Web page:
Rescue move

CodeClan revival bid as Codebase acquires assets

Mark Logan: plan for relaunch (pic: Terry Murden)

Codebase, the tech start-up incubator, is acquiring the training materials and other assets of the collapsed skills academy CodeClan from the administrator.

The latest development, which will enable students to complete their courses from one of the techscaler sites, comes as Mark Logan, the Scottish government’s chief entrepreneur, said talks are underway to relaunch a digital training facility.

In the short term, students who cannot complete their courses in their original form, will be offered other arrangements.

Mr Logan said “intensive efforts” have been taking place to find a solution since the digital training centre plunged into administration without warning last Friday.

He said the Scottish Government will be assisting “with full funding to support the student training process, with further operational and material costs borne by Codebase”.

Mr Logan, who was appointed by former Finance Secretary Kate Forbes to help steer the government’s digital strategy, added: “I’m grateful to Stephen Coleman and Steven Drost of Codebase/Techscaler, Economy Minister Neil Gray and his team of officials in the Scottish Government, and Alistair Forbes of Scottish Tech Army for their involvement in putting this plan together in necessarily short timescales, during which many options were proposed and explored.

“In this regard it has been very heartening to see such a strong response from across Scotland’s business community to the situation.”

CodeClan’s collapse sent shockwaves through the tech sector

Assessing the failure of Codeclan, Mr Logan said the Scottish Technology Ecosystem Review (STER) lists as one of its recommendations that: “CodeClan should be treated as a strategic ecosystem asset.” 

At the point where STER was published in 2020, CodeClan had already successfully demonstrated that it could take people who hadn’t previously worked in software engineering or data science, train them in an intensive, accelerated process and place them in tech companies.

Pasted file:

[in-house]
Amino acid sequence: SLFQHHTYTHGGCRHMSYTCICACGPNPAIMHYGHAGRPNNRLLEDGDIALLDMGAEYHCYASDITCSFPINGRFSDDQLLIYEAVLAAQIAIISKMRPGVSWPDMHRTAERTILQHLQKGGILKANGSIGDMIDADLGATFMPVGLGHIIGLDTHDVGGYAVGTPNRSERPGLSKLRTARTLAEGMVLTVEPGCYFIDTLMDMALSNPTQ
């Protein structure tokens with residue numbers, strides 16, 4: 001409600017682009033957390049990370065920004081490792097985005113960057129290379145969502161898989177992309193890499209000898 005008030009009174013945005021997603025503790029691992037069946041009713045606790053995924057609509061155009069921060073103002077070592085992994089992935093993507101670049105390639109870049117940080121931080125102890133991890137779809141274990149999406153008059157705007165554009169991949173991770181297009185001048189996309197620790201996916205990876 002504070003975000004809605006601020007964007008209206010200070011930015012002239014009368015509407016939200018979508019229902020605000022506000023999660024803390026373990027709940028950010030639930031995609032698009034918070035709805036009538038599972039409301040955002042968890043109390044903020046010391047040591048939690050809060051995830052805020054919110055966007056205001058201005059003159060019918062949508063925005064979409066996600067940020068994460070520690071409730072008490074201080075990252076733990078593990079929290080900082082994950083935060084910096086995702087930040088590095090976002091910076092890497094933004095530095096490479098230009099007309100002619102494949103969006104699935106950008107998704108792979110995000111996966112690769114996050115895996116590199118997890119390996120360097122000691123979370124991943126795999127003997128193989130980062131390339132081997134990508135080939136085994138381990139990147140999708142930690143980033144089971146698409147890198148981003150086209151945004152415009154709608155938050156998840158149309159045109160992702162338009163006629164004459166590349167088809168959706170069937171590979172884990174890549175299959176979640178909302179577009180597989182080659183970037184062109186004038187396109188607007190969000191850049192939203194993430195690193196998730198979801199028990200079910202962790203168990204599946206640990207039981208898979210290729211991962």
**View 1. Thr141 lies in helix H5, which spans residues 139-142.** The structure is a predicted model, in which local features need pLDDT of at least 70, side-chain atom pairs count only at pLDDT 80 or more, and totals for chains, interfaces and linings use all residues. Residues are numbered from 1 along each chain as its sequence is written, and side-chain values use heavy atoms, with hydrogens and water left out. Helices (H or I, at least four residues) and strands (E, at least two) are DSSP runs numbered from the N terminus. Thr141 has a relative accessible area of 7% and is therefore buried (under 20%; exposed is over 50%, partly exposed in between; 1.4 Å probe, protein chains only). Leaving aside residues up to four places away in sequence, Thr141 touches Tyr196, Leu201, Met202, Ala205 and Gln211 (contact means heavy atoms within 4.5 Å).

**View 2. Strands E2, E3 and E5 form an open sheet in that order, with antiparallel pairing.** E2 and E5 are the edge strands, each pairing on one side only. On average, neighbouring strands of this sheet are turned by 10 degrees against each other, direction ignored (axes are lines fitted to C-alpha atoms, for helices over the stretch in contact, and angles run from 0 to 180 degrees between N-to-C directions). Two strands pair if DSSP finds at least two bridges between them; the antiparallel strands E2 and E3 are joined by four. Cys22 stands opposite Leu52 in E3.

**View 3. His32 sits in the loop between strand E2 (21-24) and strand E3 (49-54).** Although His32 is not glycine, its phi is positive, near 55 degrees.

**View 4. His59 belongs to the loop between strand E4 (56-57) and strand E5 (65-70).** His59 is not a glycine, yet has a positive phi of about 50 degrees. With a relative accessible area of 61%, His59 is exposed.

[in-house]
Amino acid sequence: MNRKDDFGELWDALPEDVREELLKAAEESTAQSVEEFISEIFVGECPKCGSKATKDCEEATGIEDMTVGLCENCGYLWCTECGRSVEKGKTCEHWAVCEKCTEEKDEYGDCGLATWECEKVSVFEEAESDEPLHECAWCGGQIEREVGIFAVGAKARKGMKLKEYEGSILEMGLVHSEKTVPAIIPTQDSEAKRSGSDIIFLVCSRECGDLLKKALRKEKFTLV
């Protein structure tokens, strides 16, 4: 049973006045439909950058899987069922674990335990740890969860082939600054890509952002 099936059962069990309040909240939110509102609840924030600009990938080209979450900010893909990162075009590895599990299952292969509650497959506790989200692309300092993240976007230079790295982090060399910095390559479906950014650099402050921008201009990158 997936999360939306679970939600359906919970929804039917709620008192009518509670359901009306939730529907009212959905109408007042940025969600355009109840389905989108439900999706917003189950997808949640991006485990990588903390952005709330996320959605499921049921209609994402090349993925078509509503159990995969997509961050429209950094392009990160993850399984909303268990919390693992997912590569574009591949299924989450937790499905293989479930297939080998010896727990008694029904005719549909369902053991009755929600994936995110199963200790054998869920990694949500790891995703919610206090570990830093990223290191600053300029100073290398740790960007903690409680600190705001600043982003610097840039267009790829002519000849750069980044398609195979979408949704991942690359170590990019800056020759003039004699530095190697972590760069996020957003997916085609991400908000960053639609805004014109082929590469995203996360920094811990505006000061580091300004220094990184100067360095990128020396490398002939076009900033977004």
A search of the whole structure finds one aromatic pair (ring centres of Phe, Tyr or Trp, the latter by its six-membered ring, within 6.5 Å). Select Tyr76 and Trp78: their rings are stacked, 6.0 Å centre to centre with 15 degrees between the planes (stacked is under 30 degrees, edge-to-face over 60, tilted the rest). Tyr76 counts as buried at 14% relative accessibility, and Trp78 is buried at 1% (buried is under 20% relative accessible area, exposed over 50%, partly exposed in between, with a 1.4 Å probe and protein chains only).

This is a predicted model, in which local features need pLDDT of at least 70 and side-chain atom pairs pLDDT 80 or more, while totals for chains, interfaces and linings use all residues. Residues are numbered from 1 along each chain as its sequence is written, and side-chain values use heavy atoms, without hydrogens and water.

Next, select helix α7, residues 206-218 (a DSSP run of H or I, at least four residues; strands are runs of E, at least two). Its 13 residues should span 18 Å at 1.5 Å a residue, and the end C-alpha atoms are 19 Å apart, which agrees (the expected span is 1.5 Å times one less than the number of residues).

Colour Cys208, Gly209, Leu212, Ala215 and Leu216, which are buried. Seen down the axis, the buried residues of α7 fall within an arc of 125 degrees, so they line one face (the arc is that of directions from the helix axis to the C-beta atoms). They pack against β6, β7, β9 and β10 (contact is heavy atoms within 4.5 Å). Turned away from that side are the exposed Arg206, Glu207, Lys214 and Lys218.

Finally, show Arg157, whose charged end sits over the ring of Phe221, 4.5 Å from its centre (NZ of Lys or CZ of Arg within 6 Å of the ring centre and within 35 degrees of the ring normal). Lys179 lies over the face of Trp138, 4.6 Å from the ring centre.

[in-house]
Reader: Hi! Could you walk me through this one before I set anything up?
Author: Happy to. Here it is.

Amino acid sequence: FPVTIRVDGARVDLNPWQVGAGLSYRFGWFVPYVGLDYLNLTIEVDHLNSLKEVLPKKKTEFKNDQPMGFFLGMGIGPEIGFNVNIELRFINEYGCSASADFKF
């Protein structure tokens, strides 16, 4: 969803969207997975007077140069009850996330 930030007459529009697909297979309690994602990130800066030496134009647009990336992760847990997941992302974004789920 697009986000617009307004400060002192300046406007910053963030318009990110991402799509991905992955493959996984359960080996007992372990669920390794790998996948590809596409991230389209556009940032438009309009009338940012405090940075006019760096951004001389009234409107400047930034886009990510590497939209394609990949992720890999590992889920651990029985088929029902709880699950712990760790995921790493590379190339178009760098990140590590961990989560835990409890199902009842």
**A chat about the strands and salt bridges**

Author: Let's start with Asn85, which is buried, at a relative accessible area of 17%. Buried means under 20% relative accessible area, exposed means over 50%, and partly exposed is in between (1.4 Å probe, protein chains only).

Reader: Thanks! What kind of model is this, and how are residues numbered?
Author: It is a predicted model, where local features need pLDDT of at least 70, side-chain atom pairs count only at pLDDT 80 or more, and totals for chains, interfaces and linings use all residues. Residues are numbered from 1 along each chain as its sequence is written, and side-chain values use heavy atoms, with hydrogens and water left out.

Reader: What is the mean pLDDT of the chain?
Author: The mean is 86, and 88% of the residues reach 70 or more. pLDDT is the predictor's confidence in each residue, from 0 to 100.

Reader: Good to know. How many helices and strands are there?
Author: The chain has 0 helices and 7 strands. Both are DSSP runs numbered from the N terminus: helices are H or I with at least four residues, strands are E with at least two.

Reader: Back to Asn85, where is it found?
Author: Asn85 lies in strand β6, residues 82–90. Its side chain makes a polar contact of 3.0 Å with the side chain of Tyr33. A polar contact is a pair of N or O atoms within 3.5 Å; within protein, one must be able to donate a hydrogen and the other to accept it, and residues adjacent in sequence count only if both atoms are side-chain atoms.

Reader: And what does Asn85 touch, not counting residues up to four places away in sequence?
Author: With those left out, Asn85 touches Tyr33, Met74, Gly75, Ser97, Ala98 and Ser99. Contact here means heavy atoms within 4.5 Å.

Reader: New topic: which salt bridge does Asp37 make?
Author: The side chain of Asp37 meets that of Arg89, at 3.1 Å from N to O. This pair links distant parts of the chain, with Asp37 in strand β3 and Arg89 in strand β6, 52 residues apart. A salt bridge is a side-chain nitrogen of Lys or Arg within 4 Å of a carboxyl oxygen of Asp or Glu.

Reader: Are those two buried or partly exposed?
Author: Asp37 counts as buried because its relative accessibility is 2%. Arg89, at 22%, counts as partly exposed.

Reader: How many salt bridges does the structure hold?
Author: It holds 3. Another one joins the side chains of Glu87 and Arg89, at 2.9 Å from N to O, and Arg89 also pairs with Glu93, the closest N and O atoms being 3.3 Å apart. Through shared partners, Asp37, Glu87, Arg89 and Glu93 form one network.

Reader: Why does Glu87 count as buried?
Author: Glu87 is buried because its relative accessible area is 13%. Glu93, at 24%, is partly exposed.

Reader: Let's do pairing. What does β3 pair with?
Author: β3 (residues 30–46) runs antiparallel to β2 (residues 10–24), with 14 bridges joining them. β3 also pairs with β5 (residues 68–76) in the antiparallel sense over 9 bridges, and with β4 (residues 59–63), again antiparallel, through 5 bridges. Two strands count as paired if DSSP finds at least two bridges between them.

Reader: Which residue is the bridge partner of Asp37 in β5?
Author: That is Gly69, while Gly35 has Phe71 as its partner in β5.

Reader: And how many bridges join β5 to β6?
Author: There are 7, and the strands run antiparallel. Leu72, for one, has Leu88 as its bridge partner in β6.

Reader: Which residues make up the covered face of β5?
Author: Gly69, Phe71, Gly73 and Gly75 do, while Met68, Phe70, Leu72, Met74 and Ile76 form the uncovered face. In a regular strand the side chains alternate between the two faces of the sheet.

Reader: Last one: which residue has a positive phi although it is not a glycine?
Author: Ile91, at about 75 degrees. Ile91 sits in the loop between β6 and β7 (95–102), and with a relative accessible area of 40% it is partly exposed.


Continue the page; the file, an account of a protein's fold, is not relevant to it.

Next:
“It’s strategic importance was, therefore, that it had effectively established a new channel of talent into Scotland’s tech ecosystem, one that hadn’t been previously available in practice, said Mr Logan.

“This has naturally raised questions as to why CodeClan was ‘allowed to fail’.”

He said CodeClan provided people from other disciplines to retrain as software engineers or data scientists in an intensive and accelerated fashion, and, subsequently, to enter the tech industry.

“That need has not gone away; Scotland must re-establish that channel, but in a way that is sustainable and fully relevant to current industry needs.

“But a private business has to be commercially viable as well as strategically important. CodeClan went into liquidation because its business model had become structurally unsustainable.”

Noting the comments of the administrator, he said: “Client companies were taking less(sic) graduates from CodeClan than before, revenues then fell, and the business became, and remained loss-making, over a period of time.”


Responding to those who have asked why no public money was being put into CodeClan, he said it was a private business that became structurally loss-making.

“Public money can only be injected into a private business according to strict legal constraints and rules. If independent analysis concludes that such an injection will not alter the long-term course of a business in the context of its forward plans, then it cannot be done.

“I have personally witnessed the intensive efforts undertaken to explore all possible avenues of support for CodeClan. The conclusions of this analysis were such that support in the form of public money could not be provided. While the outcome is unfortunate, we must respect the legal constraints placed upon such decision processes.”

Despite the restrictions imposed on the public sector, he said there was a determination to reinvigorate a training academy.

“We are certainly going to find a way to re-establish a sustainable, strategic talent channel into the tech sector, enabling people to retrain as software engineers and related roles from other disciplines,” he said.

“This endeavour will only be successful through the active involvement of Scotland’s business and tech community, ensuring that we are able to properly explore the changing needs of employers, to provide high-quality, relevant training programmes to meet those needs, and to determine a sustainable commercial model for their delivery.

“Given the overwhelming response from our collective community in offering support to people affected by CodeClan’s closure, I have no doubt that we’ll succeed.”

Comment: CodeClan deserves a re-boot



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